Tull Family Theater hosts screenings for kids with special needs

A look at how local theaters are helping those who need special accommodations.


Garret Roberts

As number of children diagnosed with autism rise, local theaters are trying to find a way to accommodate for their special needs.

Garret Roberts, Arts and Entertainment Assistant Editor

SEWICKLEY – For the majority of Americans, a trip to the movies can be fairly mundane. Having been to the theater countless times, the experience is usually only as memorable as the quality of the film or the taste of the popcorn. For the group who visited the Tull Family Theater on Nov. 17; however, this trip to the movies was one they will never forget.

By offering low sensory screenings, the theater allowed those affected by special needs to experience a movie theater for the first time. At their first public “Adaptive Screening,” around 90 children and their families came from across Pennsylvania to enjoy a special showing of the Illumination’s version of “The Grinch.”

“For some families, it was the first time they were watching a film together in a cinema,” said Karen Ferrick-Roman, director of communications and education at the Tull Family Theater. “For at least one teenager, this was his very first time to enter a cinema. The adaptations made for the screening enabled many of the younger patrons to exceed even their parents’ expectations as they became enthralled in the story unfolding on the screen!”

Tull Family Theater
The Tull Family Theater’s main screening room. Sewickley, PA. August 27, 2018. RMU Sentry Media/Garret Roberts. Photo credit: Garret Roberts

While a trip to the the movies may seem simple, those with special needs don’t have as easy of an experience. Children with autism can experience sensory overload during the film, which can ruin their enjoyment of the film or cause them to panic. In addition to just being in an enclosed, dark room, the entire experience can be overwhelming. As a result, many parents choose to find alternative ways to have fun.

“My son, Ty, age 10, has autism and sensory processing disorder,” said Tina Bower, one of the parents who attended the event. “He is very sensitive to loud environments, sounds, startling noises, etc. There are so many other children and young adults that experience the same. Because of this, we tend to seek out activities that will accommodate these sensitivities.”

To accommodate those with autism spectrum disorder, The Tull Family Theater made various accommodations to the showing. Rather than plunging the room into darkness, the lights were left dim, and all of the doors were left open. To deal with the typical loudness they would hear, the film’s overall volume was lowered to a level that the audience was comfortable with.

“There are offerings in Pittsburgh that are sensory friendly, but there are very few that are offered in the suburbs,” Bower said. “When you’re raising a child with special needs, there are many moving parts that you have to work out with everything you do. Having an option to see a sensory friendly movie in the suburbs with little to no traffic, plenty of places to park and a friendly, welcoming environment, makes an outing that much more enjoyable.”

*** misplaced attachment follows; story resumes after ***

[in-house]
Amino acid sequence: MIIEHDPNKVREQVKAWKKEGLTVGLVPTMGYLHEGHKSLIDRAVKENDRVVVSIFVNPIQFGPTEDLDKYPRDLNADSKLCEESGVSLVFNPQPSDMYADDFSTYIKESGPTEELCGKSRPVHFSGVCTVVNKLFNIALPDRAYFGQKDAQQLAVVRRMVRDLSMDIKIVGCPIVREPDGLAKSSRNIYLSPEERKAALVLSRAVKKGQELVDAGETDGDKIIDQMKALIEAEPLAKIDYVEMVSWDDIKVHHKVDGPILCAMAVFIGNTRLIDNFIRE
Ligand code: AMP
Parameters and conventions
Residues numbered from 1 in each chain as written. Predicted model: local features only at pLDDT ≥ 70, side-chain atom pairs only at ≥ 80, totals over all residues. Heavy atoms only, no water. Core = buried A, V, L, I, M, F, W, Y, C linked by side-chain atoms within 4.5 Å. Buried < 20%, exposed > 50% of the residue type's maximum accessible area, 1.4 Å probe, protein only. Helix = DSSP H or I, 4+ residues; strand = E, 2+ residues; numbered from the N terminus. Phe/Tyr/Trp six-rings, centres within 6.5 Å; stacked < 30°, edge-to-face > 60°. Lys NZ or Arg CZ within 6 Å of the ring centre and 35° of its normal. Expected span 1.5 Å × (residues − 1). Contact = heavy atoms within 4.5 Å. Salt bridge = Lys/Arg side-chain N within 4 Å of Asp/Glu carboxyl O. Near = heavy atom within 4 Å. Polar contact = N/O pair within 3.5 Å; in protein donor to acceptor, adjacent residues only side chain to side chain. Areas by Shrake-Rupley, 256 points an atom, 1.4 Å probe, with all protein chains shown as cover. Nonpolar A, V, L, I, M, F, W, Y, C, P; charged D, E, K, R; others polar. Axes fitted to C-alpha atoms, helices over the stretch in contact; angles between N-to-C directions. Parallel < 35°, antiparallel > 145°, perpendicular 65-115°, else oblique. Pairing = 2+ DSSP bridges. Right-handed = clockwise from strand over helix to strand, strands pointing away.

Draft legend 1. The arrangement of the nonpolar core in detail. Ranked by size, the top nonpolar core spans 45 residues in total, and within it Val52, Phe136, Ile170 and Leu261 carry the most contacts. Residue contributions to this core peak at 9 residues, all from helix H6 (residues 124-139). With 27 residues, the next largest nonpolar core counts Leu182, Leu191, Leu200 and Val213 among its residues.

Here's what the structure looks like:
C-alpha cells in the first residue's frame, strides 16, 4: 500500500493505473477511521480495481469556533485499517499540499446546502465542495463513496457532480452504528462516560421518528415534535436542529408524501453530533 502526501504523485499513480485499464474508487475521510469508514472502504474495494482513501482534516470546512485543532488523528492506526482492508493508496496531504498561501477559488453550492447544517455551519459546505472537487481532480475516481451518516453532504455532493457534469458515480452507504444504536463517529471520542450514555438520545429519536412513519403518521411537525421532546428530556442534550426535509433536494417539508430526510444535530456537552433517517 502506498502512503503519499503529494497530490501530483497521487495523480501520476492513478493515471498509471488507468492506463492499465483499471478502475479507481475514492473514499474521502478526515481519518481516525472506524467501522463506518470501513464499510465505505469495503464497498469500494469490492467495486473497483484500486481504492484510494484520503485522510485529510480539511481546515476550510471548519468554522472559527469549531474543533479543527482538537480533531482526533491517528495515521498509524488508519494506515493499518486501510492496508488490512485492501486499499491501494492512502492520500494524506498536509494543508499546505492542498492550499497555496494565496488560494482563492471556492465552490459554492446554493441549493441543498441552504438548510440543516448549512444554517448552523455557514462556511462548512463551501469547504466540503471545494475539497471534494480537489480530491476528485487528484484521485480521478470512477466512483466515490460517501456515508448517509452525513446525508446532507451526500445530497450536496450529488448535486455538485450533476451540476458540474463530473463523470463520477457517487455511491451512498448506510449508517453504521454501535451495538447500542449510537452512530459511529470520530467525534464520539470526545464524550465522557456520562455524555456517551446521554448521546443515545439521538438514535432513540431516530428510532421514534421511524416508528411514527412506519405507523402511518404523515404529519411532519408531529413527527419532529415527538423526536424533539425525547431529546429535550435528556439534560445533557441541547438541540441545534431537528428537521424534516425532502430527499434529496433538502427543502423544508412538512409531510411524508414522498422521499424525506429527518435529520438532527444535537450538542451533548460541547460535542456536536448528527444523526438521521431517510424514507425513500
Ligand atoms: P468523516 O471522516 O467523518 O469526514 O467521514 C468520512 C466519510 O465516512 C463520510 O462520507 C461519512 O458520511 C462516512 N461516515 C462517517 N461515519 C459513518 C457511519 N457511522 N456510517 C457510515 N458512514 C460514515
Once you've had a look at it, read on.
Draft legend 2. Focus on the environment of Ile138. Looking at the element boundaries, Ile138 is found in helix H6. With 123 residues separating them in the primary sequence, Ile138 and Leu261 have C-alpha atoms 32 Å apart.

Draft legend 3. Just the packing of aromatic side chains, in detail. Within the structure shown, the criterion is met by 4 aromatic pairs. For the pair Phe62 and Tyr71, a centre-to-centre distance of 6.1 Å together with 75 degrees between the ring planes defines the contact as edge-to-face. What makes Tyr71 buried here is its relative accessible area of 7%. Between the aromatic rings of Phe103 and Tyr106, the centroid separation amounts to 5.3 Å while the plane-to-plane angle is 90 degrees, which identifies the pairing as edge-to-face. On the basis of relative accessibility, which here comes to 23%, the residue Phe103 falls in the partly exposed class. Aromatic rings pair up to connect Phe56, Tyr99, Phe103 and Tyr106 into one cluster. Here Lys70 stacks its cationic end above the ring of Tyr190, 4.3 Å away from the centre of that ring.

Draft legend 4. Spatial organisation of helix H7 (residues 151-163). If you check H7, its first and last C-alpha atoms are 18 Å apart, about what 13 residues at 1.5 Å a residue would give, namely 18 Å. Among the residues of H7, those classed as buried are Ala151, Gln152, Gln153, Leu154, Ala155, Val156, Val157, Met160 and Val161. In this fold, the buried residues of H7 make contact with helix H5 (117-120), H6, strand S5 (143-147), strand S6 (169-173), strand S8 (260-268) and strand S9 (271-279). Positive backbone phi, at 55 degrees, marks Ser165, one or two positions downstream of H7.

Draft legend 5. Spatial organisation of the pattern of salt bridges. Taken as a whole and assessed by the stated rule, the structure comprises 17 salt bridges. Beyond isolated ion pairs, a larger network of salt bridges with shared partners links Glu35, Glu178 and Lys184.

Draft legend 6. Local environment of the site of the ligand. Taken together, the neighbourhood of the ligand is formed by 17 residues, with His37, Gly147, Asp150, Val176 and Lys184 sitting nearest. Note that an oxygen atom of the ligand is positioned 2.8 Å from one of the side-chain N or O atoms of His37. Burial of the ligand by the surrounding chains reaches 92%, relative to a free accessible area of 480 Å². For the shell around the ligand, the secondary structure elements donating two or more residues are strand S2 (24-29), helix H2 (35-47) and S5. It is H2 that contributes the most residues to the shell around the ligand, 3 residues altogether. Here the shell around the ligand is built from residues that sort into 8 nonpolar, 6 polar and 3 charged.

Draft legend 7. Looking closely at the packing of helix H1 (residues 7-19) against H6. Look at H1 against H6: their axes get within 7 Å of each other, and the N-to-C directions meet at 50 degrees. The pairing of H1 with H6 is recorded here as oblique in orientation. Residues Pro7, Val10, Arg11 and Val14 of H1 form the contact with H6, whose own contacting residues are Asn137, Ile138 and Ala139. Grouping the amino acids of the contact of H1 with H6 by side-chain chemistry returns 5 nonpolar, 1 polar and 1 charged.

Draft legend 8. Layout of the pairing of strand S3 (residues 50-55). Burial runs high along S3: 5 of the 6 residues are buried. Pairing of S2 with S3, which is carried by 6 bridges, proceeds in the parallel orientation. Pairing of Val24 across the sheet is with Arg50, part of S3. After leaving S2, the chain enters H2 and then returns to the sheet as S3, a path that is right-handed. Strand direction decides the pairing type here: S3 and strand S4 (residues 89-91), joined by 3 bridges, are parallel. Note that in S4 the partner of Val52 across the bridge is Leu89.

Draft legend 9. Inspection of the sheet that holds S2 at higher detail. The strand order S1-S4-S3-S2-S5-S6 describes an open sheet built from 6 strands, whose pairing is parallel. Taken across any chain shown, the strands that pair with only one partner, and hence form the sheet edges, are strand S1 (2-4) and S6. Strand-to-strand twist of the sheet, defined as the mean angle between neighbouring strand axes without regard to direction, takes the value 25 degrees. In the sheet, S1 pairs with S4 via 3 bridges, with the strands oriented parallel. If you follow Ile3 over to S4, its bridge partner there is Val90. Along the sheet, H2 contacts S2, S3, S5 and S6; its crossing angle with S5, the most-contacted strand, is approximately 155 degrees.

These types of screenings are rare outside of big cities like Pittsburgh. While theaters like AMC also offer low sensory screenings at The Waterfront, those with special needs in the suburbs don’t have as many options. As a result, many kids and young adults never get to enjoy the stories and characters that most take for granted.

Autism Census Map
A map of citizens with autism by county. Allegheny County is one of the highest populations. Graph provided by the Pennsylvania Autism Census Update (2014)

According to the 2014 Pennsylvania Autism Census Update, the number of residents with autism spectrum disorder has tripled since 2009. With 1 in every 68 children being diagnosed and nearly 55,000 citizens receiving accommodation services, the need becomes more and more pressing. While cities such as Philadelphia and Pittsburgh are making large strides through legislation and free services, those in the suburbs must take the initiative to see these changes happen.

“Strengthening the cultural, entertainment and educational experiences northwest of Pittsburgh is the mission of The Tull Family Theater,” Ferrick-Roman said. “Our first public low-sensory screening clearly supports this mission and offers new options to residents with few other similar cinematic opportunities. The entire theater team felt gratified to be of service to the special needs community and would like to acknowledge the collaboration of numerous organizations and nonprofits involved in this event.”

The Tull Family Theater plans to offer similar showings in the future, hoping to make the screenings available more often. As many theaters in the area do not offer accommodation services, having local options not only introduces these children to the world of film, but allows parents and families to bond in a new way.

“To watch a movie in the climate of acceptance and understanding brings relief to these amazing families,” Bower said. “The theater was full of children and families who may not have otherwise had the opportunity to see ‘The Grinch’ in a theater. There were squeals and laughter and clapping with excitement. There were children stretching their legs and moving about when needed. And at the end of the movie, there was a round of applause and a theater full of smiles. The experience was beyond what I expected. My son has not stopped talking about it and asking when our next ‘date’ will be at The Tull Family Theater.”